“I think it’s a legitimate concern,” Wylie said. “But the students are still working even though they see Goose and they look at him and stuff. But these are people that are going to be, in 10 months or less, at universities. If you can’t handle a little distraction at this point, there’s a problem. You have to learn how to stay focused and on task. I have distractions all day long. I still try to stay on task and that’s something that I try to teach my students, despite all of the issues that we’re going to face in life, we still have to keep moving, keep calm and keep going.”

Wylie also stresses the positive impacts of the classroom environment on the puppy.
“I have to expose him to music in my classes, I have to expose him to kids talking, kids working on activities. Where is he now?” Wylie said, looking around to find Goose asleep beneath a student’s desk. “You’d never know. He’s not even fazed, he’s sleeping. Kids are going to get used to it, as you can see, they’re all working now. Nobody’s being distracted by the dog. He’ll be just like another student in the class.”

After fostering a dog for so long, it’s extremely hard to give them away.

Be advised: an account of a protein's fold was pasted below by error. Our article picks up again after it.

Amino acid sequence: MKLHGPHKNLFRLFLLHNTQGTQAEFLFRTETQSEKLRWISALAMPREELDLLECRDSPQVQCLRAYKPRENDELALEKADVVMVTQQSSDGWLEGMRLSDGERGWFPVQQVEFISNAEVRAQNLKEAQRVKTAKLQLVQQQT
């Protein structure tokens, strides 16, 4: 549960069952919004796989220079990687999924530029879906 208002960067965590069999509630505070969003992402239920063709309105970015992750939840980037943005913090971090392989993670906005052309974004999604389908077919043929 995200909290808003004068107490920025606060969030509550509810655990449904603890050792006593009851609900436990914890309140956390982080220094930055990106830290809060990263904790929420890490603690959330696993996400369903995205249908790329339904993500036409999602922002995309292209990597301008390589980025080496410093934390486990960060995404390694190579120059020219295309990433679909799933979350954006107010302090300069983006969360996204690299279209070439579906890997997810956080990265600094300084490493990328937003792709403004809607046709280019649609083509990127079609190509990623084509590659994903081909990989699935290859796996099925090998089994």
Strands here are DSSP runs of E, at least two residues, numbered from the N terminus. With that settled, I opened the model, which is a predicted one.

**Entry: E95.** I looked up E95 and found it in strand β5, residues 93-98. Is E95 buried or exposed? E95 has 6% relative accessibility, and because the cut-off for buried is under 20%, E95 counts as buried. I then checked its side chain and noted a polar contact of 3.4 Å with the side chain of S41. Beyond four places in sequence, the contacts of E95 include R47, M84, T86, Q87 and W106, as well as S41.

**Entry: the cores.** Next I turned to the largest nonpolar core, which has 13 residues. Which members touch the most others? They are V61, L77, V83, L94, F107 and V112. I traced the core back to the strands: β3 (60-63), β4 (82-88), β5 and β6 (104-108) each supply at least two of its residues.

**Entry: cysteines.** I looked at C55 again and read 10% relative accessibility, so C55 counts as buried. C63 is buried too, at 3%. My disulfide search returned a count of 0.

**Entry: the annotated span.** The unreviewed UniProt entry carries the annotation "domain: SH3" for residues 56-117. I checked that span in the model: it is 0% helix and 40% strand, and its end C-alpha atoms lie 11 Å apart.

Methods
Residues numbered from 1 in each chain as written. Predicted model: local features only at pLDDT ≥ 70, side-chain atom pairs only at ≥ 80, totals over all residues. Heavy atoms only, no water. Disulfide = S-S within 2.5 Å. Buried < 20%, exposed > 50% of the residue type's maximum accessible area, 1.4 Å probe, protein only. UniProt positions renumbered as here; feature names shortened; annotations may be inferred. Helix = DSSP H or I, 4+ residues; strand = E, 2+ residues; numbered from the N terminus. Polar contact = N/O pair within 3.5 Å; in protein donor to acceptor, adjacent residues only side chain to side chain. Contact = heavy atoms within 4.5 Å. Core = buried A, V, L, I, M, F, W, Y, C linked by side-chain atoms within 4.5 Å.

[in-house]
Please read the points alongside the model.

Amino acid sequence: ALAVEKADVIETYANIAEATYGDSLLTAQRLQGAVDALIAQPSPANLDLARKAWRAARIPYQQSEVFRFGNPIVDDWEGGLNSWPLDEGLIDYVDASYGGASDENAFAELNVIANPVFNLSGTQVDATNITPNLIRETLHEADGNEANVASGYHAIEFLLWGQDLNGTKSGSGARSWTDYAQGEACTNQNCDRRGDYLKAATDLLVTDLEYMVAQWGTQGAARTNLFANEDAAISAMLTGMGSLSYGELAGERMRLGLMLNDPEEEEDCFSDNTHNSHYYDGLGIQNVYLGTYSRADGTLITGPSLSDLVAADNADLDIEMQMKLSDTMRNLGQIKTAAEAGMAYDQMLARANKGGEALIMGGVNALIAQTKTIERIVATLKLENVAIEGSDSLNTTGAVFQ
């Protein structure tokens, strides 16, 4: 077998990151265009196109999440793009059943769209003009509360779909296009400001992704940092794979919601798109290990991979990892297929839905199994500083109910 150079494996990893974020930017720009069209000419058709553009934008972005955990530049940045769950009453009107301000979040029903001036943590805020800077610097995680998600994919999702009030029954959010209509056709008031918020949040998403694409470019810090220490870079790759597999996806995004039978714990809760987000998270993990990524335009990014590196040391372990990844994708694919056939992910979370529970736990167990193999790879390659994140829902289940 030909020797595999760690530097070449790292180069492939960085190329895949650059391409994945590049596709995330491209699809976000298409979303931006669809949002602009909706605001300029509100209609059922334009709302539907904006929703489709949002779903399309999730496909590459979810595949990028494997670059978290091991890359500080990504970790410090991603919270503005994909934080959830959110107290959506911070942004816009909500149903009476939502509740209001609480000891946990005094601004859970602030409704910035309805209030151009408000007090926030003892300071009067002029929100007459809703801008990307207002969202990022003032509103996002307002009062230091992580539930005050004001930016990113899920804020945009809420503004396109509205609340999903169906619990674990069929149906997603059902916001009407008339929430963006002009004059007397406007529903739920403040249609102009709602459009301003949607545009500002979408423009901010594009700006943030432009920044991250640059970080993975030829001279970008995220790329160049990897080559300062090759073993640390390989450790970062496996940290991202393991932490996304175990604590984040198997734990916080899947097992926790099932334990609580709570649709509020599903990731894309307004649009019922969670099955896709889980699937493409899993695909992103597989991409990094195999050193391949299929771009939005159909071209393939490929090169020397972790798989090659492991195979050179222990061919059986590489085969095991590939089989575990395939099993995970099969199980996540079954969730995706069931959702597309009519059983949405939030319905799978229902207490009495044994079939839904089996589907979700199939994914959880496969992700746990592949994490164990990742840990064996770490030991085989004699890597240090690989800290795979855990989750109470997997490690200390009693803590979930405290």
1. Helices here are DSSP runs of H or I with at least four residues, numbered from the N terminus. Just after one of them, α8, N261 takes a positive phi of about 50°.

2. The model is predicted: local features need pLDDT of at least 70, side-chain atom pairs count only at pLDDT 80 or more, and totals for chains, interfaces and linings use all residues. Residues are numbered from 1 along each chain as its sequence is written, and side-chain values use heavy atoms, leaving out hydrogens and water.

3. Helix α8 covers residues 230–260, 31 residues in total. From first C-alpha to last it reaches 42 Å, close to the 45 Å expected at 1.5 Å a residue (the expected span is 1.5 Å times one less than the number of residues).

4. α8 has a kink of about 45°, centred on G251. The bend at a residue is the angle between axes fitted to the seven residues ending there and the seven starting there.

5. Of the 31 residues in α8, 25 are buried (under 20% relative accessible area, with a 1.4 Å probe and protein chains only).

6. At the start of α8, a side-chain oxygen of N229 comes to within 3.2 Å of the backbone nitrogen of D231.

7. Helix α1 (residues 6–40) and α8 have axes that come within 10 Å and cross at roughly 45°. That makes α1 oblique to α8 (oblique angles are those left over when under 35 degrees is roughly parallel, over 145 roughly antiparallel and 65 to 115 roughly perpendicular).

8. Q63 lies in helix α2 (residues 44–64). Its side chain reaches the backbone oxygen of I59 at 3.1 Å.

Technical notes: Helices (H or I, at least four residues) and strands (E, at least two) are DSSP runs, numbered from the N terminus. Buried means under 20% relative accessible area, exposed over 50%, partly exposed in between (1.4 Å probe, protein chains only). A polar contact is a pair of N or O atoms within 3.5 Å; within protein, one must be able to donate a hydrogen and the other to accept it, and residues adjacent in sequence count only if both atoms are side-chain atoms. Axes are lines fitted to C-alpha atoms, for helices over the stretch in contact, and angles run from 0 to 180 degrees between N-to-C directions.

“Oh, I’m a sobbing mess. I am a sobbing mess,” Wylie said about handing the dogs off to trainers. “I had to pull over and I had the windshield wipers going, I was sobbing so badly. And my sister Marie said, ‘Oh my God, you’re a hot mess.’ It’s just so hard to let go of them. I tell them no matter what if he doesn’t make it you call me. I’ll come get him.”

Even with all the obstacles and heartbreak she experiences in the process, Olivia Wylie still believes fostering puppies is worth it. “When you meet somebody who needs a service dog, and you hand the leash over, it just brings such sunshine. When I see vets with their dogs, I know that their lives are different.”